Missing German climber’s body found near Kanchenjunga in Nepal

Luis Stitzinger reached the world’s third-highest peak without supplemental oxygen, but went missing during descent.

Mount Kanchenjunga
Nepal is home to eight of the world's 10 highest peaks [File: Desmond Boylan/Reuters]

The body of a German mountaineer has been found on Kanchenjunga, the world’s third-highest mountain, expedition organisers said, days after he went missing during his descent from the summit.

A search team of five Nepali guides found Luis Stitzinger’s body just below the peak at about 8,400 metres (27,600 feet) on Tuesday, Mingma Sherpa of Seven Summit Treks told the AFP news agency.

“They are bringing his body down,” Sherpa said on Wednesday.

The 54-year-old had reached the summit of the 8,586-metre-tall (28,169 feet) Himalayan mountain on May 25 without supplemental oxygen but then lost contact.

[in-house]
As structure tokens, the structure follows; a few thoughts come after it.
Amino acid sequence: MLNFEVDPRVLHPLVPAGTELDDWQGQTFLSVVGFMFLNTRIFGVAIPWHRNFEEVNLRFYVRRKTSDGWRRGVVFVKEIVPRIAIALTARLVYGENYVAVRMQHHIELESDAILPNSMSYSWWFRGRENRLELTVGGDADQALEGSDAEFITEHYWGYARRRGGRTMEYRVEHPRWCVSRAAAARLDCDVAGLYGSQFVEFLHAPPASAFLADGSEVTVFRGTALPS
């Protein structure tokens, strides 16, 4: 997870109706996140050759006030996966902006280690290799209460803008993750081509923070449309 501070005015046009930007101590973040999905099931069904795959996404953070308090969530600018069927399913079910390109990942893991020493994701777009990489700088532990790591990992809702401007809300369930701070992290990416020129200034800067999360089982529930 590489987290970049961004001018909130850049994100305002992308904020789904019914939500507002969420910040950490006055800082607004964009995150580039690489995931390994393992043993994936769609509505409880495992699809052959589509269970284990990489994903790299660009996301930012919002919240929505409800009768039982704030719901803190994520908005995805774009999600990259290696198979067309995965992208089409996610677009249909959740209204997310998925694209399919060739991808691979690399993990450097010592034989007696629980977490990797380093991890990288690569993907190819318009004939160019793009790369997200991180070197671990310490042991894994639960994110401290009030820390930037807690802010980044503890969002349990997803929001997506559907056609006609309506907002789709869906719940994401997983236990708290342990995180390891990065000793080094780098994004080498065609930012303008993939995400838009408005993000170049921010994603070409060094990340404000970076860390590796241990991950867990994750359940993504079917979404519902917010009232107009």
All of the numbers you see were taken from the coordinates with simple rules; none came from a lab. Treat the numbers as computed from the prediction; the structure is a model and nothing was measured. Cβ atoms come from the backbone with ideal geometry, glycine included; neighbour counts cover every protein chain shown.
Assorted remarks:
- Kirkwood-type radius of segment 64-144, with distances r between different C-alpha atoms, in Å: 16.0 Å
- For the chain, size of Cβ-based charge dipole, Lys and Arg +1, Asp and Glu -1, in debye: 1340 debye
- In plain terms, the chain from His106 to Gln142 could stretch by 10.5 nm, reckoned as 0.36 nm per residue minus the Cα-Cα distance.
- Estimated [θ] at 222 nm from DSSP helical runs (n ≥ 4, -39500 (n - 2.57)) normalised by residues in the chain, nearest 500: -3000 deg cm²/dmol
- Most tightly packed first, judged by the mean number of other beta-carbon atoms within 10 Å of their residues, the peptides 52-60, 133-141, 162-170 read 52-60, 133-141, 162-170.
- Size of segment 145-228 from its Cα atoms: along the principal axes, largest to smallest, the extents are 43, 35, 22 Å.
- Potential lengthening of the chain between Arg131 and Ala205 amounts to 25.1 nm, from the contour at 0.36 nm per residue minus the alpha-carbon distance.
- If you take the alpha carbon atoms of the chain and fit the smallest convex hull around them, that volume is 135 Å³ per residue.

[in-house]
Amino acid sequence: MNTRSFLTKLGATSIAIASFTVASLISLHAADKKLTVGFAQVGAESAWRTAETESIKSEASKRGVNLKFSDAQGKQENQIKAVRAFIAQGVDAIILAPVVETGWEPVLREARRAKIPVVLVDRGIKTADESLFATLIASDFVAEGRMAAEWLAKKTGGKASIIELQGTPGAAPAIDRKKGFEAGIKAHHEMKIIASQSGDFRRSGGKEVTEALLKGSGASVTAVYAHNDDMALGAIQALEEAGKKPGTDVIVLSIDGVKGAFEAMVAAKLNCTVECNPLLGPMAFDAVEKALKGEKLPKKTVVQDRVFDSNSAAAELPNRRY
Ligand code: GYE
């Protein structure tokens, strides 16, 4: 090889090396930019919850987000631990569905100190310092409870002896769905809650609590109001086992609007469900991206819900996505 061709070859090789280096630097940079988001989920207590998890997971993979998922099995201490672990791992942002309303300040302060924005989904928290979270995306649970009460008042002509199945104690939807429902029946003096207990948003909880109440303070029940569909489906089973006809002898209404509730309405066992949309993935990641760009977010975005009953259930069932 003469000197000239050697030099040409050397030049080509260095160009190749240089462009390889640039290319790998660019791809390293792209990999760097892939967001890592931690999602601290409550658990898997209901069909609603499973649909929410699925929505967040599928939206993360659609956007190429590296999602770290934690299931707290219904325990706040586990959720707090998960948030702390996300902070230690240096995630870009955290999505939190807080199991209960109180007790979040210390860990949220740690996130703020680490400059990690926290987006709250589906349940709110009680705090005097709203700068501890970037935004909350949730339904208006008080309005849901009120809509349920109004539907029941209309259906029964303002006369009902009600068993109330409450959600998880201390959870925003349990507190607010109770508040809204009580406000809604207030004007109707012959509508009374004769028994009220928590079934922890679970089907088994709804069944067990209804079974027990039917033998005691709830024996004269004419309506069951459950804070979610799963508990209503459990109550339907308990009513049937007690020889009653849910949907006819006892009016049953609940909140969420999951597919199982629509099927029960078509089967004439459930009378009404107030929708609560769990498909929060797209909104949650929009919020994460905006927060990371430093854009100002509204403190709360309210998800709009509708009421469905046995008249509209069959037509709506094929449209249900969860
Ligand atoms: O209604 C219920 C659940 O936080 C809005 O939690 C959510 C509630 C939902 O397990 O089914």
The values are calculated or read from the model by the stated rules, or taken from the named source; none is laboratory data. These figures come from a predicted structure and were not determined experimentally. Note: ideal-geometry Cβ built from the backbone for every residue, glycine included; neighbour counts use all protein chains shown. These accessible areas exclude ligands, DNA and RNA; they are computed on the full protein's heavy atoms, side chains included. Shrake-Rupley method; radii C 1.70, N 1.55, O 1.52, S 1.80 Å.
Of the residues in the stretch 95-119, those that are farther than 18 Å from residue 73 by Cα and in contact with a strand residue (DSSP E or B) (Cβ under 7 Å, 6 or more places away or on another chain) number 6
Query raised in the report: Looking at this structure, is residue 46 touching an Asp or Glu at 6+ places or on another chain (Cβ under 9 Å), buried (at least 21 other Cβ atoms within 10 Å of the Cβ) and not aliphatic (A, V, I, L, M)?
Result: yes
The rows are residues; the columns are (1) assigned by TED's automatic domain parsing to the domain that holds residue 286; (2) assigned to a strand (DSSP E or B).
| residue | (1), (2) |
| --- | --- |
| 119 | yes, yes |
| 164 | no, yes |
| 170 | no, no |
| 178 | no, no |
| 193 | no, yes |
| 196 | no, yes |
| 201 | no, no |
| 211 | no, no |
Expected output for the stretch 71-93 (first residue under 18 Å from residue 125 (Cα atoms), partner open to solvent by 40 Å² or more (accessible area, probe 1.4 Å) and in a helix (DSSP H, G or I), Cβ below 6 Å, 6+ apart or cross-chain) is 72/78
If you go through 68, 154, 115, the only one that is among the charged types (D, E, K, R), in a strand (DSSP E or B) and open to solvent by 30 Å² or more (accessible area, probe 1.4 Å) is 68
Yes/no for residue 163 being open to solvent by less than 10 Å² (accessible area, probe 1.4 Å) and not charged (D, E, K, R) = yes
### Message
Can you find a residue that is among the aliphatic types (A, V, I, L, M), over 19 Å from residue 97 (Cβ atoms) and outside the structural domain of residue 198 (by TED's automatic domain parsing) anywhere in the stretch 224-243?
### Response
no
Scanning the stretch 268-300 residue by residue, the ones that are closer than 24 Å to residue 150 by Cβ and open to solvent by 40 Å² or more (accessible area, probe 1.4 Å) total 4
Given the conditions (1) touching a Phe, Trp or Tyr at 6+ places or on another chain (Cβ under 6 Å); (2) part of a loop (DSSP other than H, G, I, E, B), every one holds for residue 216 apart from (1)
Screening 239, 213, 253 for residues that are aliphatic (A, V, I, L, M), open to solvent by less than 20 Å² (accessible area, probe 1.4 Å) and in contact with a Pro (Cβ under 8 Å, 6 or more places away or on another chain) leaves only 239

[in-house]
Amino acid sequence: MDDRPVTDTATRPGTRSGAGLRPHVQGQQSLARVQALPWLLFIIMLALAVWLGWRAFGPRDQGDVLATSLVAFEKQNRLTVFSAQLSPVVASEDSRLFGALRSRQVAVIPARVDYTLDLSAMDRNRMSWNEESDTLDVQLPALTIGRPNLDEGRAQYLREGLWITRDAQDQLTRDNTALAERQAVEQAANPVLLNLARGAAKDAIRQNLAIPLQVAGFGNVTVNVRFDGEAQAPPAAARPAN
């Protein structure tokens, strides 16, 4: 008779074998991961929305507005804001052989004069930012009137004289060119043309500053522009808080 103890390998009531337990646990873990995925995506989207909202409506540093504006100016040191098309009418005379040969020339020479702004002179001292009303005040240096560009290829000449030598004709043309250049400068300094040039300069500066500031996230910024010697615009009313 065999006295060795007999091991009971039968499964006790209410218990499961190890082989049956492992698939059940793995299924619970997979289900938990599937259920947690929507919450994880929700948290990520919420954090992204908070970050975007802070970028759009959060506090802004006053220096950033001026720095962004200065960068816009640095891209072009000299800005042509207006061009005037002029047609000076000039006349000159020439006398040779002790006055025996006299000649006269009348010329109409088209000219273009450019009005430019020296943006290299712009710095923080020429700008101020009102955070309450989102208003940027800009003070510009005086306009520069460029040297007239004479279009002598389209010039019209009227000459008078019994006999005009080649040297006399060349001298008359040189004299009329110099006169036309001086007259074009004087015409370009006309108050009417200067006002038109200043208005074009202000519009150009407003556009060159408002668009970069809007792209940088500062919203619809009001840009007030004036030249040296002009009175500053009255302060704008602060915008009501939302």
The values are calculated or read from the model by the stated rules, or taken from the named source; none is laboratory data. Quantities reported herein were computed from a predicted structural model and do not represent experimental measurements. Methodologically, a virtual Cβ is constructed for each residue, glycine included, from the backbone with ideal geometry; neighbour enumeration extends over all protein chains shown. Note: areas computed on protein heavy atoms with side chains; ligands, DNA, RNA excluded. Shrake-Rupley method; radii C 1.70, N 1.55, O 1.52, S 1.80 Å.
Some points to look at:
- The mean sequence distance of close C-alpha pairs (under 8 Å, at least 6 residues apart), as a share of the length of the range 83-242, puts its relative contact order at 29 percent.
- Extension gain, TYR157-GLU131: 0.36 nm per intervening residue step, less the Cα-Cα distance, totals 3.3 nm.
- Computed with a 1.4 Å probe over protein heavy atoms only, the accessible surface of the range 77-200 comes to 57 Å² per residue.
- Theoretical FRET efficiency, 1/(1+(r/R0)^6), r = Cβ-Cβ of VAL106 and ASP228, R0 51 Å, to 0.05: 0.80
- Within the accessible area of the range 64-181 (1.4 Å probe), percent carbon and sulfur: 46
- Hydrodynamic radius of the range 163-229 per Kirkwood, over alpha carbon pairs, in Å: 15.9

Rescue efforts had earlier been hampered by weather conditions.

No-oxygen climber

According to the mountaineering website ExplorersWeb, Stitzinger had arranged for fellow mountaineer Flor Cuenca of Peru, who had summited ahead of him, to wait for him.

“I crossed paths with Luis as I was on my way back from the top and he was still going up. He gave me instructions to wait for him at Camp 4 and keep in touch on the radio,” Cuenca was quoted as saying by ExplorersWeb.

An experienced mountaineer and guide, Stitzinger had previously summited several other mountains higher than 8,000 metres.

Stitzinger had been among Germany’s leading mountaineers and was known for successfully climbing many mountains without bottled oxygen.

Deadly year for mountaineers

Nepal is home to eight of the world’s 10 highest peaks and welcomes hundreds of adventurers each spring, when temperatures are mild and Himalayan winds are typically calm.

Nepal issued more than 1,000 permits for its mountains this season, including 44 for Kanchenjunga, and hundreds have reached summits as the season draws to a close.

On Everest, 12 people have been confirmed dead and five others are missing, putting 2023 on course to be a record year for deaths.

Last month, 56-year-old climber Noel Hanna of Ireland died on Annapurna, the world’s 10th-highest mountain.

Source: News Agencies